The Kingdom of Saudi Arabia is one of the fastest growing economies in the Middle East. In 2013, the government increased its budget by more than 20% than the previous year, to approximately 820 Billion Saudi Riyals ($219 Billion). Additionally, Saudi’s King Abdullah pledged more than $500 billion on social welfare and infrastructure projects over the next few years. Saudi Arabia’s increased spending is part of its policy to create economic diversification and reform, in turn decreasing their dependence on oil revenue and creating new jobs for the local population.
A large proportion of the Government’s spending, approximately 300 billion Riyals, has been allocated to capital expenditures on investment projects and social infrastructure. Ambitious plans include building 539 new schools and universities, as well as the development of several new cities in the sprawling desert kingdom.
The biggest beneficiary of this expansionary policy is the construction industry. Demand in the construction and associated sectors, such as residential and commercial real estate development, will increase exponentially, representing an excellent market opportunity for foreign investors and international corporations seeking to enter the Saudi market.
Applicability of Islamic Finance
Construction projects in Saudi Arabia are typically either public or private. The governing law which applies to all contracts, including construction, is Shari’a, or Islamic, law. General principles of Islamic Finance are applicable, such as the duty to act reasonably, in good faith, and to mitigate losses.
In the private sector, within the construction sector specifically, the Islamic Finance principle that applies is the “istisna’a” contract, which is a contract for the sale of an asset that is yet to be constructed or manufactured. Using this structure, the party providing capital, the financier, enters into a contract with the purchaser of the building to be constructed. Usually the financier, whether a bank or investor, will then enter into a back-to-back construction contract with a general contractor for the project. The financier realizes a profit from the spread between the cost of the construction contract and the price of the purchase contract.
Public Works Contracts
However, in the public sector, specific regulations and a complex legal framework govern bidding for public works, as well the interpretation and enforcement of underlying contracts. While still generally subject to Islamic Law principles, public works contracts are considered administrative contracts and are subject to the Government Bids and Procurement Law, implemented with associated regulations.
Recent amendments in the law and a shift in policy by the government to attract foreign direct investment have made it easier than ever for a foreign company or investor to establish business operations in Saudi Arabia. Although there are a variety of business organizations in Saudi Arabia, the most commonly used by foreign companies in undertaking construction projects are Limited Liability Companies (LLCs). That is due to the relative ease of incorporating an LLC (as opposed to, for example, a Joint Stock Company), minimal capitalization requirements, and the requirement of less corporate governance formalities.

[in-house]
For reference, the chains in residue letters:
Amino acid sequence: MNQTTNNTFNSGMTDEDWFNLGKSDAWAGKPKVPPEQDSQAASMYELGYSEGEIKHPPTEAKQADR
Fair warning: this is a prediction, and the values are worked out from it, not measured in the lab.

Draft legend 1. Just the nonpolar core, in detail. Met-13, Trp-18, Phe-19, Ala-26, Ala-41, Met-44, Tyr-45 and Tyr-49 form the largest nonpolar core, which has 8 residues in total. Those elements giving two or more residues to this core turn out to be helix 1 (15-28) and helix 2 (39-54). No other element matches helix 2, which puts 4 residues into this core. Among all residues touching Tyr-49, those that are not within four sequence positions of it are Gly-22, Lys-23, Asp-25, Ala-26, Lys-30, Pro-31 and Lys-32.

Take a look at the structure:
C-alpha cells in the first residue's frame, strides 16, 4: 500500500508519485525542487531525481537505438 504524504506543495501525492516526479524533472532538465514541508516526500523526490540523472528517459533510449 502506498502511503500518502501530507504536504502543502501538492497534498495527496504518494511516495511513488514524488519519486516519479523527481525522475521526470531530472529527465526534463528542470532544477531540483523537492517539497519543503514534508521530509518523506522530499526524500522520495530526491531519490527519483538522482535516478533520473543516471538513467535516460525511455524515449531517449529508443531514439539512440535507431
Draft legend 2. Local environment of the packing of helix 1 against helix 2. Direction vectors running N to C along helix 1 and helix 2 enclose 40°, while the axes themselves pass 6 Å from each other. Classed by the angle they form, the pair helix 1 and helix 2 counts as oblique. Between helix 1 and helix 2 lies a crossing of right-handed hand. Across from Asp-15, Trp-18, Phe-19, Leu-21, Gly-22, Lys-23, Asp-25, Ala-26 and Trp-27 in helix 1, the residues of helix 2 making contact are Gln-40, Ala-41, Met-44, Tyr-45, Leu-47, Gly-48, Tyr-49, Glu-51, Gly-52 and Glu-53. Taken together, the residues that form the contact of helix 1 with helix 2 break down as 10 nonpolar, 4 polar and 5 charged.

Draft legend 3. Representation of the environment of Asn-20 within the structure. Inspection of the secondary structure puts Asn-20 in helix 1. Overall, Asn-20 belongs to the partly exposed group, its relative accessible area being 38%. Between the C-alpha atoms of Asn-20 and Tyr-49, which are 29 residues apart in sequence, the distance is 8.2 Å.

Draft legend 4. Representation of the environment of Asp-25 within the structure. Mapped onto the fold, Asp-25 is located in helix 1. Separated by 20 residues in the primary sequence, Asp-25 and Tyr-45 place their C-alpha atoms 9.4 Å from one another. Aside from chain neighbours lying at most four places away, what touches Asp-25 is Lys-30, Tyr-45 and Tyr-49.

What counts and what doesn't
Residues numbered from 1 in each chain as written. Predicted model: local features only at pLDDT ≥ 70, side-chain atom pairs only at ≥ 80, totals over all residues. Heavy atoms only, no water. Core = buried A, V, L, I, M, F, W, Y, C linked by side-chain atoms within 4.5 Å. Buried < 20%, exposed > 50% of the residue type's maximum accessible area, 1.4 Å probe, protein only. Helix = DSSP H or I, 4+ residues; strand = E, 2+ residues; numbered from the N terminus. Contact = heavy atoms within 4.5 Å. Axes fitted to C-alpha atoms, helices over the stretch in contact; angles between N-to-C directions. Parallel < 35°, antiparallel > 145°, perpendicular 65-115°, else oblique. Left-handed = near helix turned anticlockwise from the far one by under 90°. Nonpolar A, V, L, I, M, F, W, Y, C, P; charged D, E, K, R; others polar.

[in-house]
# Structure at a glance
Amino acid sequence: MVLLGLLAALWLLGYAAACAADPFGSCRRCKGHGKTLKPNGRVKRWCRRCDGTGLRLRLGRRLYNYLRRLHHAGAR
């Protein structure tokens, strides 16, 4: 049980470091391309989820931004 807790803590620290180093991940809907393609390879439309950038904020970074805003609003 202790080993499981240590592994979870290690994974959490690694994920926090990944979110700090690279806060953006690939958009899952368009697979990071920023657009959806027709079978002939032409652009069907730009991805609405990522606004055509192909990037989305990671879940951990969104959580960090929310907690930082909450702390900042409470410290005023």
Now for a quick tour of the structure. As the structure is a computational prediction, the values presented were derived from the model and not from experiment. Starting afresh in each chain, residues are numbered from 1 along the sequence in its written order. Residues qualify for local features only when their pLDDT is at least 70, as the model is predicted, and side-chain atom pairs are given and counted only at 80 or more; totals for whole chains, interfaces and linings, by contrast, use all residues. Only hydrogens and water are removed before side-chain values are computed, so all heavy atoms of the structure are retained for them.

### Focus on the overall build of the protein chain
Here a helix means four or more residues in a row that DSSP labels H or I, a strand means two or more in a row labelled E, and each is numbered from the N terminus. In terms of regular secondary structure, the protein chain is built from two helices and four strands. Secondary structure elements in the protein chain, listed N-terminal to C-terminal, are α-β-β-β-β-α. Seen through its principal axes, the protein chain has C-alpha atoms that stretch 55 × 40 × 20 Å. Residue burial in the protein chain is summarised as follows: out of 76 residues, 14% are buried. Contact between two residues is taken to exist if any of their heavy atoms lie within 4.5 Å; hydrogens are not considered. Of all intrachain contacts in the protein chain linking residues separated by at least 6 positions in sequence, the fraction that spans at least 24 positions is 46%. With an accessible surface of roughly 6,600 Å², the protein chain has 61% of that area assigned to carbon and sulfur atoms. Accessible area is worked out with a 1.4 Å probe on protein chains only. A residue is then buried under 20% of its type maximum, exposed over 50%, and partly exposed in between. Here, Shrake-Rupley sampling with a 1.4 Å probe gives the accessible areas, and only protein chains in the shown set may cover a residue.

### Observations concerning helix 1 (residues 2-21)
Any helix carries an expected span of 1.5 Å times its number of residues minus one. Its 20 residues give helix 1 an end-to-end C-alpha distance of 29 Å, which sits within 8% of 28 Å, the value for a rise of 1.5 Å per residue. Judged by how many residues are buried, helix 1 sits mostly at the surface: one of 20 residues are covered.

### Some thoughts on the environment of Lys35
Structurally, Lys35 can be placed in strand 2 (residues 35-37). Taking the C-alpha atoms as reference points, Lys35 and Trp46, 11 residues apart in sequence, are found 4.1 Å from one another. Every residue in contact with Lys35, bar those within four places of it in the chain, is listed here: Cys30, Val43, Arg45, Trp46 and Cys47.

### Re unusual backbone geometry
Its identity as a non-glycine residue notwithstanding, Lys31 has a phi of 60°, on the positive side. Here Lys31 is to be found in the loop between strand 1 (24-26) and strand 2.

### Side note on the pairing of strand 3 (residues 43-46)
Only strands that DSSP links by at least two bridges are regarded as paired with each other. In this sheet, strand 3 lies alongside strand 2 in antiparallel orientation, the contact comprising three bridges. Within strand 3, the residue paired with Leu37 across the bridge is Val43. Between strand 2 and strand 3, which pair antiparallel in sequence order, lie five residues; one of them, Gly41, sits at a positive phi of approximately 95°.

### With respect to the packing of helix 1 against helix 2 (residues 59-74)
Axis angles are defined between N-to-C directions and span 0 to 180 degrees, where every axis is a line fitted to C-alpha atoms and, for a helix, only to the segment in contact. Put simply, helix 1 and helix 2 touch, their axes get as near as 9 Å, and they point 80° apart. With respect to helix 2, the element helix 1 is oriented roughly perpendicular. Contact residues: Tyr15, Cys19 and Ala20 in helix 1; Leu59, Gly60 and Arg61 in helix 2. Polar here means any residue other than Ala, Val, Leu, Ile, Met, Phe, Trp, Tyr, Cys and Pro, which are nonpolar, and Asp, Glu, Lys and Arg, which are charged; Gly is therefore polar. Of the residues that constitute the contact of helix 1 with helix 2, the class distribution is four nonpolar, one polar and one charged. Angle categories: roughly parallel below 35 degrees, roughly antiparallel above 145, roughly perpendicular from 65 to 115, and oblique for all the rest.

The actual procedure of establishing an LLC in Saudi Arabia is typically a two-step process: (1) First, the foreign partner applies to the Saudi Arabian General Investment Authority (SAGIA) for a foreign investment license; (2) Second, once SAGIA issues the license, the partners in the proposed LLC apply to the Ministry of Commerce and Industry in order to incorporate the company. Once approved, the Ministry will certify the formation documents of the LLC and issue a commercial registration certificate–which permits the LLC to begin operating in the Kingdom legally.
Saudi Arabia is a lucrative market for foreign companies and investors. At a time when the market in the United Arab Emirates is beginning to get stagnant and saturated, Saudi Arabia remains ripe with opportunities. However, the cultural, political, and legal landscape is complex and varies dramatically from that of countries such as the USA or in Europe. Unaccustomed foreign companies or investors should seek out advisory or legal firms who are proficient and have expertise in Saudi Arabia.
Disclaimer: These materials have been prepared by Wassem M. Amin, Esq. for informational purposes only and are not legal advice. The material posted on this web site is not intended to create, and receipt of it does not constitute, a lawyer-client relationship, and readers should not act upon it without seeking professional counsel.
Wassem M. Amin, Esq., MBA is an Associate Attorney at Dhar Law LLP in Boston, MA and is the Vice Chairman of the Middle East Committee as well as the Islamic Finance Committee of the American Bar Association’s International Law Section. Wassem has extensive experience in the Middle East region, having worked as a consultant in the area for over 9 years. Wassem currently focuses his practice on Business Immigration (EB-5 Regional Center and Investor Representation) and International Business Transactions. For more information, please visit the About Us page or http://www.dharlawllp.com.